Girl power, talented diversity, sharp yet non-opinionated script and Sheldon Cooper admitting to being wrong. It’s no wonder that this Theodore Melfi-directed feature has taken audiences by storm, opening in a year where no times hearing “the future is female” will ever be enough.


African American female NASA staff, led by supervisor Dorothy Vaughan, protest their inequal working conditions

Based on the non-fiction book of the same name by Margot Lee Shetterly about African-American female mathematicians who worked at NASA during the Space Race, Hidden Figures tells the story of three groundbreaking unsung heroes who got the man on space and unknowingly changed the game for upcoming female scientists. Oscar-nominee Henson plays Katherine Globe Johnson, a strong-willed physycian and mathematician who participated in the Project Mercury, Apollo 11, Space Shuttle program and counts four Honorary Doctorates besides the Presidential Medal of Freedom among her many accolades. The always-brilliant Oscar-winner Octavia Spencer portrays the late Dorothy Vaughan, a demanding yet good-natured mathematician who became the first African-American woman to supervise a staff at the West Area Computers center. Lastly, up-and-comer and six-time Grammy nominee Janelle Monáe (who this year also starred in Moonlight) plays the stubborn Mary Jackson, NASA’s first black female aerospace engineer. Co-starring are Kevin Costner, Kristen Dunst and Jim Parsons as the ladies’ superiors.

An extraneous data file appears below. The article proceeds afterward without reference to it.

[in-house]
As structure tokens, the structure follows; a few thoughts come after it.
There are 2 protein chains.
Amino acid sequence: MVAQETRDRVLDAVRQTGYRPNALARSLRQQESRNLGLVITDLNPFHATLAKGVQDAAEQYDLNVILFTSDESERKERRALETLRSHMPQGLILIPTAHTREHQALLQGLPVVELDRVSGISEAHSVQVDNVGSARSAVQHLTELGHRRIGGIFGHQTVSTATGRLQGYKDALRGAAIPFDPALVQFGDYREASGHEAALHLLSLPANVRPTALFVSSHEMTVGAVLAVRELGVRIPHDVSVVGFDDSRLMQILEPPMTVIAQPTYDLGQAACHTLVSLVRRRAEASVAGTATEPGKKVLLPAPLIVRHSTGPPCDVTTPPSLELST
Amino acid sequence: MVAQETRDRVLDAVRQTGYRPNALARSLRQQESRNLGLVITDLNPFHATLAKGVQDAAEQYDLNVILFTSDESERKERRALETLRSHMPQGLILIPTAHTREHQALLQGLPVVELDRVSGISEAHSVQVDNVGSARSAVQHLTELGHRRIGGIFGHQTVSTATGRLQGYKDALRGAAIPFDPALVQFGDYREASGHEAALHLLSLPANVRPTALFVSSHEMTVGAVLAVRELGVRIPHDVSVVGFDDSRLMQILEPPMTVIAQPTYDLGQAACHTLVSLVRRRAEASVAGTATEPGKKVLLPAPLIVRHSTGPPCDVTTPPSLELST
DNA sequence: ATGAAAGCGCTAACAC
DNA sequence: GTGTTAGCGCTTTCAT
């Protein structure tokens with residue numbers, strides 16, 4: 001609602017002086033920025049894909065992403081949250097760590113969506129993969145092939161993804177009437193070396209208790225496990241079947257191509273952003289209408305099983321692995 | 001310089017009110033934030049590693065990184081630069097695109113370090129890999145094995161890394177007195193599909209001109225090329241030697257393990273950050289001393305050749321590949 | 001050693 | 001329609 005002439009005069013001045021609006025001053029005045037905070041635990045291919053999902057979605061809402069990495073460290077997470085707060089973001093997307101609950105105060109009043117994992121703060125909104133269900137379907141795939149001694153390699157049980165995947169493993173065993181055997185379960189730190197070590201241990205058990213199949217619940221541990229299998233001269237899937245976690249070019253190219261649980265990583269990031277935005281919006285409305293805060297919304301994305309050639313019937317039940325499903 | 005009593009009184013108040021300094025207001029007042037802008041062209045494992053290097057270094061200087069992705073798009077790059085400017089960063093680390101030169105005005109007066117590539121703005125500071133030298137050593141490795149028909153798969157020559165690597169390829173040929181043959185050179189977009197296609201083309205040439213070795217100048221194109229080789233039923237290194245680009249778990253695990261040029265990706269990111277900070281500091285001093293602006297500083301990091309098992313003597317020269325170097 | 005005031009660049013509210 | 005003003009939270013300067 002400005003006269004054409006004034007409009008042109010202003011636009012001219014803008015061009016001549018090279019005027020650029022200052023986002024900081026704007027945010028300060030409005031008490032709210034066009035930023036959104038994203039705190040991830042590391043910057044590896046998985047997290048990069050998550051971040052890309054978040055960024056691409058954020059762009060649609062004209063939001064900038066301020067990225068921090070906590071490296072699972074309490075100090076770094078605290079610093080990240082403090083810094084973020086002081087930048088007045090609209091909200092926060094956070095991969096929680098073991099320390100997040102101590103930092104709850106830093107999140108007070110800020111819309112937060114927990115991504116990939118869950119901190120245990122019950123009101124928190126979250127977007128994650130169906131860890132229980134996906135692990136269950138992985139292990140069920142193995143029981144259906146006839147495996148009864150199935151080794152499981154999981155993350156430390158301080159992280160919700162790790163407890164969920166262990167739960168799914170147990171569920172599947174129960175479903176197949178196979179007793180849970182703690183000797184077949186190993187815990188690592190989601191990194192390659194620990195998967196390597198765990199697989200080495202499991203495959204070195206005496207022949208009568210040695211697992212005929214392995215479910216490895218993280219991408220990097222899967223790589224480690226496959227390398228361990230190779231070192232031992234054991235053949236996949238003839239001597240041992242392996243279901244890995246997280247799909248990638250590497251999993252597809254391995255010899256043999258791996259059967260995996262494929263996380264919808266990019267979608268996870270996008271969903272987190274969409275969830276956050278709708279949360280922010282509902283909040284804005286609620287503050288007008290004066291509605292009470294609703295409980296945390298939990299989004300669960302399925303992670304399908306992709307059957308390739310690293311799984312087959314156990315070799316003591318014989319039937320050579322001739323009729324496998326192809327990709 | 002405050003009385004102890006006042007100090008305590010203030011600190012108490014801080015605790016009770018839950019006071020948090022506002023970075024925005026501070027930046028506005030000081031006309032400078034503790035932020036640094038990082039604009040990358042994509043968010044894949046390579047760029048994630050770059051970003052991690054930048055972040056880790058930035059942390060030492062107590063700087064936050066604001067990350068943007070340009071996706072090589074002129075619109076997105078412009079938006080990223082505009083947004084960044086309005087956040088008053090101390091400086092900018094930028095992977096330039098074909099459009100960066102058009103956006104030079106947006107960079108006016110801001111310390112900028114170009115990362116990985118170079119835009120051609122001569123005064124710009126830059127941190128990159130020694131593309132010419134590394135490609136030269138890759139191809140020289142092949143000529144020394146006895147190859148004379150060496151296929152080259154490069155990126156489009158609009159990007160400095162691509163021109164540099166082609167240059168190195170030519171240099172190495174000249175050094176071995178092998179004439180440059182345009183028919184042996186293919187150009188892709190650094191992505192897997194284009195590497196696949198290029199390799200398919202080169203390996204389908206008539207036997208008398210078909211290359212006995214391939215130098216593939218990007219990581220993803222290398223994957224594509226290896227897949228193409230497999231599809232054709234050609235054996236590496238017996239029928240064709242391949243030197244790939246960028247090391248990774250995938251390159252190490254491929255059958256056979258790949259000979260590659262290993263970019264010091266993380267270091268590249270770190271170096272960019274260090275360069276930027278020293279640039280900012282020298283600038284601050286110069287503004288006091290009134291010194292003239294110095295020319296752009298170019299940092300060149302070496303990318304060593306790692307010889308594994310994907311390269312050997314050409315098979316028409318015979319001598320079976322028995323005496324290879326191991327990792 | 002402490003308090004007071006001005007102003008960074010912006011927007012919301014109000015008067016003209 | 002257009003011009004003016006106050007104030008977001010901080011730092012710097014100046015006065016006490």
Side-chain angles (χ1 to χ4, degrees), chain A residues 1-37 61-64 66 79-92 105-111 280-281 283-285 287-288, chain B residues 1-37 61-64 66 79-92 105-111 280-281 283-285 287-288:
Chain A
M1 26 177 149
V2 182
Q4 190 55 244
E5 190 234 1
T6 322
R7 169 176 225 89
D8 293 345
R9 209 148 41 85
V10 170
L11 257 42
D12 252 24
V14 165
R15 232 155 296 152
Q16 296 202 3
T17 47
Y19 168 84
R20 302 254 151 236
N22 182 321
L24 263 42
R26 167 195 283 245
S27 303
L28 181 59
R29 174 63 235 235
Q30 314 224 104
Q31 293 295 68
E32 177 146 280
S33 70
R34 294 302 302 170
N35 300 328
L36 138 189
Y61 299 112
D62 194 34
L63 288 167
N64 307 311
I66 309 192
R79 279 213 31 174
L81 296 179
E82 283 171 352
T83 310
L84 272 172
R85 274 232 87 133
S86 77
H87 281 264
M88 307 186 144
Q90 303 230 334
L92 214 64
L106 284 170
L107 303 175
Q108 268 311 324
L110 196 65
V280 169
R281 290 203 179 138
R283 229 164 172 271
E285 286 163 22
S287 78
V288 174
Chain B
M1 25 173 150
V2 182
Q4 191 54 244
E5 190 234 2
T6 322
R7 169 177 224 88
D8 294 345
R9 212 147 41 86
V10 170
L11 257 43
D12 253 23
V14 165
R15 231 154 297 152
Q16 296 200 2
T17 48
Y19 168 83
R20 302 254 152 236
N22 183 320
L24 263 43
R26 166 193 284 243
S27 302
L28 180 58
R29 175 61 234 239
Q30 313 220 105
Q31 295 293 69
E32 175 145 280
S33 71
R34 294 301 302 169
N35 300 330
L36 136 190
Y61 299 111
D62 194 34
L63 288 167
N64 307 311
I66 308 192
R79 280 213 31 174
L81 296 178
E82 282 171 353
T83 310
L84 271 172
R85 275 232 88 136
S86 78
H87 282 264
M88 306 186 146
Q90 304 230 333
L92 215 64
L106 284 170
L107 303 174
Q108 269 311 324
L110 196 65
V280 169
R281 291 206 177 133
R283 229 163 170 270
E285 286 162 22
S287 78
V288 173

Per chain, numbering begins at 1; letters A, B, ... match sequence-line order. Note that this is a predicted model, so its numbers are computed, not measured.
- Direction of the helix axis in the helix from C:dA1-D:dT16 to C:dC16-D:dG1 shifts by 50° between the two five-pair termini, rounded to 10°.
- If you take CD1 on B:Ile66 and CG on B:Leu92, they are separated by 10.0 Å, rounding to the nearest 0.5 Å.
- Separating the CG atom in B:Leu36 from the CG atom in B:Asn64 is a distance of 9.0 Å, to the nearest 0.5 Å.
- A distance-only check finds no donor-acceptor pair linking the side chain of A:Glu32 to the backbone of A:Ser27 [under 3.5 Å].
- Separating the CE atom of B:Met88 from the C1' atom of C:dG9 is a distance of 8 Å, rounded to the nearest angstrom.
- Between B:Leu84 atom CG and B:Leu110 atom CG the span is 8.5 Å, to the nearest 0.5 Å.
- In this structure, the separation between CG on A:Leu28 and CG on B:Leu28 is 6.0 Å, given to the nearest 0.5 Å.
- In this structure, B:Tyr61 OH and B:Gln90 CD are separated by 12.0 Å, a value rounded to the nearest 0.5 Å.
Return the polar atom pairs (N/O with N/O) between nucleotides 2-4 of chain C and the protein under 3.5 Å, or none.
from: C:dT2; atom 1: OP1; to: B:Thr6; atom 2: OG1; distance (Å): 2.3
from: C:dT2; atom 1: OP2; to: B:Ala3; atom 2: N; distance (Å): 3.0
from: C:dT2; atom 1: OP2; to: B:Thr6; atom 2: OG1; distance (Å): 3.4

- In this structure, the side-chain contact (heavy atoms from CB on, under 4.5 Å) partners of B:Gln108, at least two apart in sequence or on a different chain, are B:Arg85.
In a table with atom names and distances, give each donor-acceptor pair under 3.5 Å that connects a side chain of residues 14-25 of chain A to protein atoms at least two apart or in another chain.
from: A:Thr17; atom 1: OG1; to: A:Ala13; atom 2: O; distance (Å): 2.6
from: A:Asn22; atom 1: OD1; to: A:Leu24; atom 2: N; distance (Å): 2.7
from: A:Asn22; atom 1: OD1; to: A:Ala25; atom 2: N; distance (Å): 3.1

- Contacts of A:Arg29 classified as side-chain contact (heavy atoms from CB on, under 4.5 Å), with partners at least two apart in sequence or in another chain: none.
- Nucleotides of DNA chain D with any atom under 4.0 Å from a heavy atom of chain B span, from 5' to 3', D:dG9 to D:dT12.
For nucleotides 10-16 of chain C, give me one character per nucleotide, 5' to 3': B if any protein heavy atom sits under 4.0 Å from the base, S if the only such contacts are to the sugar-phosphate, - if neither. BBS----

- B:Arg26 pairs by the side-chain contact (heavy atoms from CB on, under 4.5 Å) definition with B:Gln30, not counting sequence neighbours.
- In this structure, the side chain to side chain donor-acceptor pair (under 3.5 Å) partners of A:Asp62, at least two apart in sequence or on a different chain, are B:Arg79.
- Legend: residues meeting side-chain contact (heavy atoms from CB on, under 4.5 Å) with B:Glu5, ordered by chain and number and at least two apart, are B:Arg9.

The original Vaughn, Johnson and Jackson

On another vein, the photography is not surprisingly fantastic, with cenital and aerial shots that rightfully caught the eyes of critics. The costume and production design hit the nail on the head with a housewife touch reminiscent of The Help. The script, although vindicative, is as nuanced as it is avoiding of clichés and that’s perhaps the best of the film’s asset – women are awfully overdue pretty much everything (from independence in their households to equal treatment in the workplace.) And it shows, but at no point is the victim card’s played. 

The right choice of words plus the underlying intelligence and wit of the direction thus awakens relatability, empathy and mad respect. Diversity should always be celebrated, but conveying it this way beats pity and anger a hundred times in my view. The result is quite literally golden: three nominations for the Oscars (Picture, Adapted Screenplay and Supporting Actress for Spencer), two for the Golden Globes (Best Supporting Actress for Spencer and Best Original Score) and a SAG win for ensemble performance.

In essence, this standout production of fabulous performances, script, direction, photography and costume design is one to enjoy and think about often, for it epitomizes that we’re stronger together and that focusing on solutions instead of complaining is what gets the job done and makes magic happen.


Hidden figures, no more!

Running time: 2h 7 minutes.

Country: United States.

Release date: September 6, 2016

Box office: $220.2M

Grade: A-

All images are taken from Google.